What is Kinetic energy ?
Kinetic energy is energy that a body possess as a result of its motion.
The kinetic energy of an object is the extra energy which it possesses due to its motion. It is defined as the work needed to accelerate a body of a given mass from rest to its current velocity. Having gained this energy during its acceleration, the body maintains this kinetic energy unless its speed changes. Negative work of the same magnitude would be required to return the body to a state of rest from that velocity.
There are various forms of energy :
These can be categorized in two main classes: potential energy and kinetic energy.
Kinetic energy can be best understood by examples that demonstrate how it is transformed from other forms of energy and to the other forms. For example, a cyclist will use chemical energy that was provided by food to accelerate a bicycle to a chosen speed. This speed can be maintained without further work, except to overcome air-resistance and friction. The energy has been converted into the energy of motion, known as kinetic energy but the process is not completely efficient and heat is also produced within the cyclist.
The kinetic energy in the moving bicycle and the cyclist can be converted to other forms. For example, the cyclist could encounter a hill just high enough to coast up, so that the bicycle comes to a complete halt at the top. The kinetic energy has now largely been converted to gravitational potential energy that can be released by freewheeling down the other side of the hill. (Since the bicycle lost some of its energy to friction, it will never regain all of its speed without further pedaling. Note that the energy is not lost because it has only been converted to another form by friction.) Alternatively the cyclist could connect a dynamo to one of the wheels and also generate some electrical energy on the descent. The bicycle would be traveling more slowly at the bottom of the hill because some of the energy has been diverted into making electrical power. Another possibility would be for the cyclist to apply the brakes, in which case the kinetic energy would be dissipated through friction as heat energy.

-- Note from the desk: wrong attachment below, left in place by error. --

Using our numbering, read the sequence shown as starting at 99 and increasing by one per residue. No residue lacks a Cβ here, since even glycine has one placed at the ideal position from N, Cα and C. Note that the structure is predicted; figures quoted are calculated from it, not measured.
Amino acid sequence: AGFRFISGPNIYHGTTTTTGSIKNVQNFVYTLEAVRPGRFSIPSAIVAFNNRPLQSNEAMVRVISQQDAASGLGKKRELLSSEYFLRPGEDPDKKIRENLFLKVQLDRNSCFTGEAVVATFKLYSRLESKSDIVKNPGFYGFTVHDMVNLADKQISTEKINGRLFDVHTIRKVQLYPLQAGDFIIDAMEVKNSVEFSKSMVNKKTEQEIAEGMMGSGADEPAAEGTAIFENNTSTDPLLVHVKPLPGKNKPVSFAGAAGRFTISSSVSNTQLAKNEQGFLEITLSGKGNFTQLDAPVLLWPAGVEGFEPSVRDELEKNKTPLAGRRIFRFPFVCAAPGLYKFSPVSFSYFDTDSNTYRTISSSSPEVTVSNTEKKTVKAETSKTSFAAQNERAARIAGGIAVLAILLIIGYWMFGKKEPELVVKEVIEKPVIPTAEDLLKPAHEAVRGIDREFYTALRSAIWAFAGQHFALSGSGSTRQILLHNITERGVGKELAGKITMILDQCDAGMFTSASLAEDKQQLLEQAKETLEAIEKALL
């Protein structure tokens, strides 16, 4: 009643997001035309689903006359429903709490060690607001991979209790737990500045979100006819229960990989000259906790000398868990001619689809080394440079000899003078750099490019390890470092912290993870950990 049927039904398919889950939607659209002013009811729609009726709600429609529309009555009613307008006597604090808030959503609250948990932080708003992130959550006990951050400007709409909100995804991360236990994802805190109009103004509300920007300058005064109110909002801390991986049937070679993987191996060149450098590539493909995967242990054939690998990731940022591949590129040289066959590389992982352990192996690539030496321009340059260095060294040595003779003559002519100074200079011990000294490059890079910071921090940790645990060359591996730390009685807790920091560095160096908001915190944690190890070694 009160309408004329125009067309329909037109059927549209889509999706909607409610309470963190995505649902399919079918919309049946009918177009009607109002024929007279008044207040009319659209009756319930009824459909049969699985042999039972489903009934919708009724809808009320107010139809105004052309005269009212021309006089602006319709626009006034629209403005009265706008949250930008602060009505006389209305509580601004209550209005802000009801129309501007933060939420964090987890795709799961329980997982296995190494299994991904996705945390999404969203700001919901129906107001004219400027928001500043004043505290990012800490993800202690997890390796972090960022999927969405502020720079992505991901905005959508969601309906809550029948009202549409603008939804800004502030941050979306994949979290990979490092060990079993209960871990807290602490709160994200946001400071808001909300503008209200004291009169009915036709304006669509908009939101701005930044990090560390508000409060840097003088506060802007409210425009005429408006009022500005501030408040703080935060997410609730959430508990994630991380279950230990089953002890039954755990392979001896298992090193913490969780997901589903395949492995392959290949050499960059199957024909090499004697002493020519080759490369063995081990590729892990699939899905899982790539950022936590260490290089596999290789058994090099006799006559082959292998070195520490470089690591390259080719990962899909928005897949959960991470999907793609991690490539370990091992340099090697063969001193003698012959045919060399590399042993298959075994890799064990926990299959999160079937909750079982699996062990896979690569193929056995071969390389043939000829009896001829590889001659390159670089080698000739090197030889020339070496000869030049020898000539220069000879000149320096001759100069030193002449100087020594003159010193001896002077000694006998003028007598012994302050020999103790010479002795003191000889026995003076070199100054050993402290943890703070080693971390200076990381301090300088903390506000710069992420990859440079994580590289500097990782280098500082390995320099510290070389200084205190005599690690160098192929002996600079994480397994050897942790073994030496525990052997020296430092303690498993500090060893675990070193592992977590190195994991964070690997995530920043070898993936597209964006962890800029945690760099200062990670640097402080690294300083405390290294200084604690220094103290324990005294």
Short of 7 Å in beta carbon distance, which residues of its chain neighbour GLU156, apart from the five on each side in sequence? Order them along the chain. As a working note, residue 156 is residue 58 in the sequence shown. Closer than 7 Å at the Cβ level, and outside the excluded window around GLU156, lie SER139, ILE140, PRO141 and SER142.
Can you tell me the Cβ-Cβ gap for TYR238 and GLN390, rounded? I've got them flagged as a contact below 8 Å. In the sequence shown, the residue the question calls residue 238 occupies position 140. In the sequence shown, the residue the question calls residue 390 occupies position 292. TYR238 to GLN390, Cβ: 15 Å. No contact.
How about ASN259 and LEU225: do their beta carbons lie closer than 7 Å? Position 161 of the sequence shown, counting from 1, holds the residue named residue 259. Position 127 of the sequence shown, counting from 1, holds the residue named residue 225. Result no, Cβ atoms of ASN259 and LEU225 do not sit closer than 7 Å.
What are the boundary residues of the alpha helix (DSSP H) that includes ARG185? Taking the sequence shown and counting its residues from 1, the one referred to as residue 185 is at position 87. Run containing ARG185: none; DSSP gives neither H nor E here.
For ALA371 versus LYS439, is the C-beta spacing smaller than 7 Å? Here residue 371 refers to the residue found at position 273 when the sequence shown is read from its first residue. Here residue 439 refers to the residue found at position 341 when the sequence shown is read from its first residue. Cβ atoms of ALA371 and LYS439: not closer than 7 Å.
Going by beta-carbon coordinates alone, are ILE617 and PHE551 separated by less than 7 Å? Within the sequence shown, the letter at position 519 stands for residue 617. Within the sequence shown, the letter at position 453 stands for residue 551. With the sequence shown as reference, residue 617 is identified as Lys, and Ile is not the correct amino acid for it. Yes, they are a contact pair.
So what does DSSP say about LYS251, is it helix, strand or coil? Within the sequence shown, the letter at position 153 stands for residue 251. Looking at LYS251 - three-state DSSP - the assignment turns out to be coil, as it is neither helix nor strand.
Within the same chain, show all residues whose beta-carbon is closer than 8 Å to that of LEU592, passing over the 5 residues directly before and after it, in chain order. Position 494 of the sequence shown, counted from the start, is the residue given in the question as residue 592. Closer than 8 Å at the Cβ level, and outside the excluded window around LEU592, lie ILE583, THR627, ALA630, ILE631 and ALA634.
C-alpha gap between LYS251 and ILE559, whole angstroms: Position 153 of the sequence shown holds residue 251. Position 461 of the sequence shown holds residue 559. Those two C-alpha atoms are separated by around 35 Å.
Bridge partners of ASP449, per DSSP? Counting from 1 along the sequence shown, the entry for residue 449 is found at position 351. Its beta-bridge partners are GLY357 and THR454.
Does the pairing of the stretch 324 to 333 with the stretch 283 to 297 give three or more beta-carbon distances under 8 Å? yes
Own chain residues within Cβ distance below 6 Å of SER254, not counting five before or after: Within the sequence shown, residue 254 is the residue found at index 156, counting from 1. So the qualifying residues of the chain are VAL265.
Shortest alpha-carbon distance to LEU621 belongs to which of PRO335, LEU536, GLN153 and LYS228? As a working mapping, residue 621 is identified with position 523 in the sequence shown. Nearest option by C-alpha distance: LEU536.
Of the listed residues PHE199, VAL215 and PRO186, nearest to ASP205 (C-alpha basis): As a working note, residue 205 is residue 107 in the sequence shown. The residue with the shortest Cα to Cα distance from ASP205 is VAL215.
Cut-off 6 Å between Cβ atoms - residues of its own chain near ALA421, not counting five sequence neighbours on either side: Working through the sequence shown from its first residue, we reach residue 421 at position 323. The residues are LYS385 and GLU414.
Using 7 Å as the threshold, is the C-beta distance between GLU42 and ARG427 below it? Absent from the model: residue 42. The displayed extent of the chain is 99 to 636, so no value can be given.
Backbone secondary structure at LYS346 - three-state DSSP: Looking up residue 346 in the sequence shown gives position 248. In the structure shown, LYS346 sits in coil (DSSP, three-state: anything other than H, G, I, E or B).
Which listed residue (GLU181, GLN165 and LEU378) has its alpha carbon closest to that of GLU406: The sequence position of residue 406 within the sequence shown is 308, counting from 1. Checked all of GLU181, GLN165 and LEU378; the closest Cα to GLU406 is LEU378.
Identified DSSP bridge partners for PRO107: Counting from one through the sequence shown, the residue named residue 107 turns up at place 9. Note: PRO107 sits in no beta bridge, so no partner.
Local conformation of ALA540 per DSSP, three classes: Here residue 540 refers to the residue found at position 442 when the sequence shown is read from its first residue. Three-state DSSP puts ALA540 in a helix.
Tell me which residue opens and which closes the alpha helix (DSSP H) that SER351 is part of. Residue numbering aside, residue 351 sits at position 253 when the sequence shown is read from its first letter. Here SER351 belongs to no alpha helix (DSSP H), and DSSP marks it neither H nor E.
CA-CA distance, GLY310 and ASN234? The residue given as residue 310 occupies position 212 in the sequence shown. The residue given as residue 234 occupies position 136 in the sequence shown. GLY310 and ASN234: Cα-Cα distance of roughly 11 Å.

Like any physical quantity which is a function of velocity, the kinetic energy of an object does not depend only on the inner nature of that object. It also depends on the relationship between that object and the observer (in physics an observer is formally defined by a particular class of coordinate system called an inertial reference frame). Physical quantities like this are said to be not invariant. The kinetic energy is co-located with the object and contributes to its gravitational field.
There are several different equations that may be used to calculate the kinetic energy of an object. In many cases they give almost the same answer to well within measurable accuracy. Where they differ, the choice of which to use is determined by the velocity of the body or its size. Thus, if the object is moving at a velocity much smaller than the speed of light, the Newtonian (classical) mechanics will be sufficiently accurate; but if the speed is comparable to the speed of light, relativity starts to make significant differences to the result and should be used. If the size of the object is sub-atomic, the quantum mechanical equation is most appropriate.
Kinetic energy as it is mathematically written is the classic statement of: Kinetic energy is equal to half the mass of an object times its velocity squared..